Richard Mithen, PhD
Institute of Food Research

Sulforaphane and Prostate Cancer Interception

Co-investigators: Colin Cooper, PhD, University of East Anglia and Maria Traka, PhD, Institute of Food Research

What this means to patients: Consumption of sulforaphane in broccoli may provide validated intervention to prevent progression of prostate cancer in active surveillance patients, alleviating overtreatment.

Synopsis: Cellular oxidative stress can result from an imbalance in cellular processes and its inability to readily eliminate toxic intermediates of normal cellular reactions, and may cause disruptive mutations, leading to metabolic transformation and cancer. Certain dietary factors, such as red meat and dairy products, can enhance oxidative stress. Other dietary factors, such as sulforaphane obtained from broccoli, can reduce oxidative stress and prevent or reverse metabolic deregulation. Dr. Mithen and his team propose to undertake a human intervention study to test the hypothesis that sulforaphane can alter the metabolism and gene expression of at-risk, non-cancerous tissues in active surveillance patients in a manner that would reduce the probability of the emergence of aggressive clones.

The study will examine global gene expression and metabolite profile from prostate biopsies before and after a 12-month intervention, combined with analyses of metabolites in plasma and urine from active surveillance patients. The study will provide evidence for the role of sulforaphane in metabolic transformation and will identify the underlying mechanisms by which sulforaphane can reduce the risk of aggressive prostate cancer.

 

Shaomeng Wang, PhD
University of Michigan

Development of Small Molecule Inhibitors of the ERG Transcription Factor in Prostate Cancer

Co-investigators: Arul Chinnaiyan, MD, PhD; Jeanne Stuckey, PhD; George Wang, PhD; Chao-Yie Yang, PhD; Bushra Ateeq, PhD, University of Michigan

What this means to patients: These promising inhibitors of an important prostate cancer driver protein, once considered undruggable, will provide a new therapeutic agent for Lupron-resistant prostate cancer, both in early and late disease progression.

Synopsis: The transcription factor ERG, a protein that binds DNA and initiates gene expression, is an oncogenic driver in both hormone-sensitive and treatment-resistant prostate cancer. ERG has so far been considered undruggable. Dr. Wang and colleagues have designed small, cell-penetrating synthetic peptide molecules that function as potent inhibitors of ERG both in vitro and in vivo. The peptides specifically disrupt ERG-DNA interaction, prevent DNA damage and cell invasion and suppress tumor growth and metastasis in animal models of prostate cancer. Researchers propose to generate three-dimensional crystal structures of ERG in complex with these peptides, which will allow optimization of the ERG inhibitors by improving the pharmacology of these drug candidates.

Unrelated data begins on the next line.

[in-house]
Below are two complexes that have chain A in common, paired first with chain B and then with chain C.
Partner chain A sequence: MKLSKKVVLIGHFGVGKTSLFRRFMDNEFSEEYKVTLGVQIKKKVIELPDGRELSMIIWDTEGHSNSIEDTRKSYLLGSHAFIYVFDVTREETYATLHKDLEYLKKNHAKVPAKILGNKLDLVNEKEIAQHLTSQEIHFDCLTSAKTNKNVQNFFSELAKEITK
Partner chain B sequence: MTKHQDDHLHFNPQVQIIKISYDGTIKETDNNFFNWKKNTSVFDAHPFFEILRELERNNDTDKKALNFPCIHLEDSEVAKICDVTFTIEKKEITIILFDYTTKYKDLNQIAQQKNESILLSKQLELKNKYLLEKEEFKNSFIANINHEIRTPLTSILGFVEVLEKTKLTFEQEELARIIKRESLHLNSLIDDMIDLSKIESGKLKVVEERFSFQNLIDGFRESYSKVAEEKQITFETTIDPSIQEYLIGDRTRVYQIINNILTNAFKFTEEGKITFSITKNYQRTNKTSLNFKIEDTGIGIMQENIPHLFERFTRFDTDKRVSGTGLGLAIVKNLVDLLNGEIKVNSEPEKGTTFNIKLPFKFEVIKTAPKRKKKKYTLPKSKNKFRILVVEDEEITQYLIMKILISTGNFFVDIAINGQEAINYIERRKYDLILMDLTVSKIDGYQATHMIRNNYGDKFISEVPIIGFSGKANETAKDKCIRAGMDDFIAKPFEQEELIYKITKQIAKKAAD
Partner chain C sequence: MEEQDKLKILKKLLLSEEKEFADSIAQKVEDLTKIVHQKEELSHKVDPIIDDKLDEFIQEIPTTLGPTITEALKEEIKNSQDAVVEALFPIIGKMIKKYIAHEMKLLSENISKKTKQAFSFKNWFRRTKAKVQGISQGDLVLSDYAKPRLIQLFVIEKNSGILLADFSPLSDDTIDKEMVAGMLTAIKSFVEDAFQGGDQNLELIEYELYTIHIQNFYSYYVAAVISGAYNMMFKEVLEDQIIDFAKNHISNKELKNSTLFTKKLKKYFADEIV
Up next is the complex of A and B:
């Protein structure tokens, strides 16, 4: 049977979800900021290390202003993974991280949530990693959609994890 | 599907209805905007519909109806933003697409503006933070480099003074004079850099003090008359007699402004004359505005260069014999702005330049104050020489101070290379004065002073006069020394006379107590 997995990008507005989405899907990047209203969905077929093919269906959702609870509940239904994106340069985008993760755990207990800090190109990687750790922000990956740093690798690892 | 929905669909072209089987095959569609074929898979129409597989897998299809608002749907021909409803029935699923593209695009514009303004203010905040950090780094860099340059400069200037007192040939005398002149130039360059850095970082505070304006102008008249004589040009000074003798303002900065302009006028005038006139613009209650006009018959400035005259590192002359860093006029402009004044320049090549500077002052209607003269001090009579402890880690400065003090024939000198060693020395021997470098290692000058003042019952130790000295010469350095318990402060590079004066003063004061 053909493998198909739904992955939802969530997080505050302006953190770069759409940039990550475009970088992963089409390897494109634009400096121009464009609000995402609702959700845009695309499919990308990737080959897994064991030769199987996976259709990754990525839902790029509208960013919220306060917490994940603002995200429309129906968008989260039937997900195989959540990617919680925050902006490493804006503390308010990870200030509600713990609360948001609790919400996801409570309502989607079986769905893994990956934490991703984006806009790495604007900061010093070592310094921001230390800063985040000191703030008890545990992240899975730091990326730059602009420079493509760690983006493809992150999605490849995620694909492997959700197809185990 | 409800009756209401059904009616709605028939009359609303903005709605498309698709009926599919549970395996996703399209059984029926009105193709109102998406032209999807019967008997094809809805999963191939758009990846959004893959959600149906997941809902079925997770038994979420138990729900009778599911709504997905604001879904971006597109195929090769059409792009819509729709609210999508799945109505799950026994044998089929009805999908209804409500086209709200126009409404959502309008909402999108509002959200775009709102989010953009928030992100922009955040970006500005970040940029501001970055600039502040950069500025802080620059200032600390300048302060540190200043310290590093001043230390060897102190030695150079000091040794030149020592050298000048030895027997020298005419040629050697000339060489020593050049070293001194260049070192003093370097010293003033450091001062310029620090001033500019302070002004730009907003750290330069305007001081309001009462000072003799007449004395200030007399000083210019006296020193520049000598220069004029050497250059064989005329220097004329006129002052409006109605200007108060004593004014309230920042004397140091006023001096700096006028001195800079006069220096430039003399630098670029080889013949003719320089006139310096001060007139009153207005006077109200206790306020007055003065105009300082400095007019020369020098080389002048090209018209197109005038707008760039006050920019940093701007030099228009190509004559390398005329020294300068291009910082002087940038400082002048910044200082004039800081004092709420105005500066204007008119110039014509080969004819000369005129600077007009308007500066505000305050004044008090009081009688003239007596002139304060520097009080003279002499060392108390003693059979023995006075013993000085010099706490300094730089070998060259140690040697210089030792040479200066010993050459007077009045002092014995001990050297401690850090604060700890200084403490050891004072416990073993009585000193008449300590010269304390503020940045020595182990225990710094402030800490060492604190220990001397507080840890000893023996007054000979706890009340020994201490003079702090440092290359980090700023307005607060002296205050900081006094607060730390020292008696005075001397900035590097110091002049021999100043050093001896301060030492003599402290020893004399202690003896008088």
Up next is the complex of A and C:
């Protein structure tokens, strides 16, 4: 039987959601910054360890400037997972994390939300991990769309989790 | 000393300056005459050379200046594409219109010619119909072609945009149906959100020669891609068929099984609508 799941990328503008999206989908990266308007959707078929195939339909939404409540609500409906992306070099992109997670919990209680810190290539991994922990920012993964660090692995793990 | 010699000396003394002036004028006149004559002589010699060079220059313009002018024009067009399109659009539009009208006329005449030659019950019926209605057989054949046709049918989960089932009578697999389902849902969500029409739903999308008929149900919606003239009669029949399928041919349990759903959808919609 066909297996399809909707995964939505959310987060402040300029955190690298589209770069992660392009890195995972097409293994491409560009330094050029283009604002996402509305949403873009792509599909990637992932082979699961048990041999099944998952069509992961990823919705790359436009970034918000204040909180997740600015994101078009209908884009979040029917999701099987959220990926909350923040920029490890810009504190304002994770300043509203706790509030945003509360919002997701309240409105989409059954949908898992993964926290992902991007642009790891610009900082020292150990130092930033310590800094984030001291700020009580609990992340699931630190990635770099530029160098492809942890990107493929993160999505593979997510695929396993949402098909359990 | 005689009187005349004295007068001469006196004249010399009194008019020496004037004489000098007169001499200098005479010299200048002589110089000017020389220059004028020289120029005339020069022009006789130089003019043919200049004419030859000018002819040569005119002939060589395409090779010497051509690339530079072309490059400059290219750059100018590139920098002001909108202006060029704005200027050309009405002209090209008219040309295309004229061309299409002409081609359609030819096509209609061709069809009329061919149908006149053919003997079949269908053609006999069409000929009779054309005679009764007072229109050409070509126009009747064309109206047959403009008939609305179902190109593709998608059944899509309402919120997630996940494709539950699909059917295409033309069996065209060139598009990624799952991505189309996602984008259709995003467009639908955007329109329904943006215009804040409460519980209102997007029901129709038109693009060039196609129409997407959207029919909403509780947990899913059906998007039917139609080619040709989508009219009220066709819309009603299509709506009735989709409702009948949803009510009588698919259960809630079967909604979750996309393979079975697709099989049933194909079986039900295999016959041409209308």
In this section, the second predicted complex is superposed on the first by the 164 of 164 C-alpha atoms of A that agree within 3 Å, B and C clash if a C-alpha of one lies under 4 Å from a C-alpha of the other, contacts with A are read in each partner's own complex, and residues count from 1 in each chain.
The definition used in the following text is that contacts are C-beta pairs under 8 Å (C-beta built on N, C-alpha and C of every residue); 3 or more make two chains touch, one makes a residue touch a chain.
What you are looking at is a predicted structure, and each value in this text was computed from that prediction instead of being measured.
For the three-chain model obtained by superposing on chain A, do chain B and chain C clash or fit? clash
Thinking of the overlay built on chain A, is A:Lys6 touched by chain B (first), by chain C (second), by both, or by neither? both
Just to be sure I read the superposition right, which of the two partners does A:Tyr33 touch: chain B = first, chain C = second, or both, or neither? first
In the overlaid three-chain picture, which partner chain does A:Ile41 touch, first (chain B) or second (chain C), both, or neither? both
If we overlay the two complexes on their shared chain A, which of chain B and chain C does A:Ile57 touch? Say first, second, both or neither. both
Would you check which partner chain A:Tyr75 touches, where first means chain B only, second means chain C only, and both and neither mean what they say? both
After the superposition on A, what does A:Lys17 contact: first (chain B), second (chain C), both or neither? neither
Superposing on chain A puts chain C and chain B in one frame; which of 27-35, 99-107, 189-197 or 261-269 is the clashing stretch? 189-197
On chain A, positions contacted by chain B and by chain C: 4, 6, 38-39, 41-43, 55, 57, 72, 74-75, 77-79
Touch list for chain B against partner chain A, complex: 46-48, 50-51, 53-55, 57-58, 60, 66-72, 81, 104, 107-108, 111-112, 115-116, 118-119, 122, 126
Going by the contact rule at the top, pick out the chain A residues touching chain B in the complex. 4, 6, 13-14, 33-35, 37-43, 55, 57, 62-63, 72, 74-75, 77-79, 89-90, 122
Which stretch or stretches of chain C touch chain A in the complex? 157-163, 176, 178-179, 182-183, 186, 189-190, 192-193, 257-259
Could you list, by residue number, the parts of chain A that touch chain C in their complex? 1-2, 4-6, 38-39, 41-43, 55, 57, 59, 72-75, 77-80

Charles Swanton, MD, PhD
University College London

Defining the Clinical Relevance of Intratumor Heterogeneity and Subclonal Evolution in Prostate Cancer

Co-investigators: Johann De Bono, MD, PhD (Royal Marsden Hospital); Mark Emberton, MD, MBBS (University College London); Marco Gerlinger, MD (CRUK London Research Institute); Hashim Ahmed, MD, MBBS (University College London); Gerhardt Attard, PhD (Royal Marsden Hospital).

What this means to patients: Understanding intratumoral heterogeneity will better inform precision medicine regimens for the treatment of prostate cancer patients.

Synopsis: Recent groundbreaking research on renal cell carcinoma by Dr. Swanton’s group showed that individual tumors demonstrate extensive genetic heterogeneity. This diversity among multifocal tumors within an organ can make personalized treatment more complex. Dr. Swanton and his team of investigators propose to investigate the role of intratumor heterogeneity (ITH) in the progression to metastatic disease and treatment-resistance in prostate cancer patients. They will perform deep genome sequencing on multiple biopsies representing individualized foci of primary and metastatic tumors from patient cohorts with high-grade, localized metastatic and intermediate tumors to determine ITH in prostate cancer and its possible role in governing metastatic potential. This project could lead to the discovery of ITH-based markers of disease progression and prioritize drivers of heterogeneity and metastatic disease for drug discovery.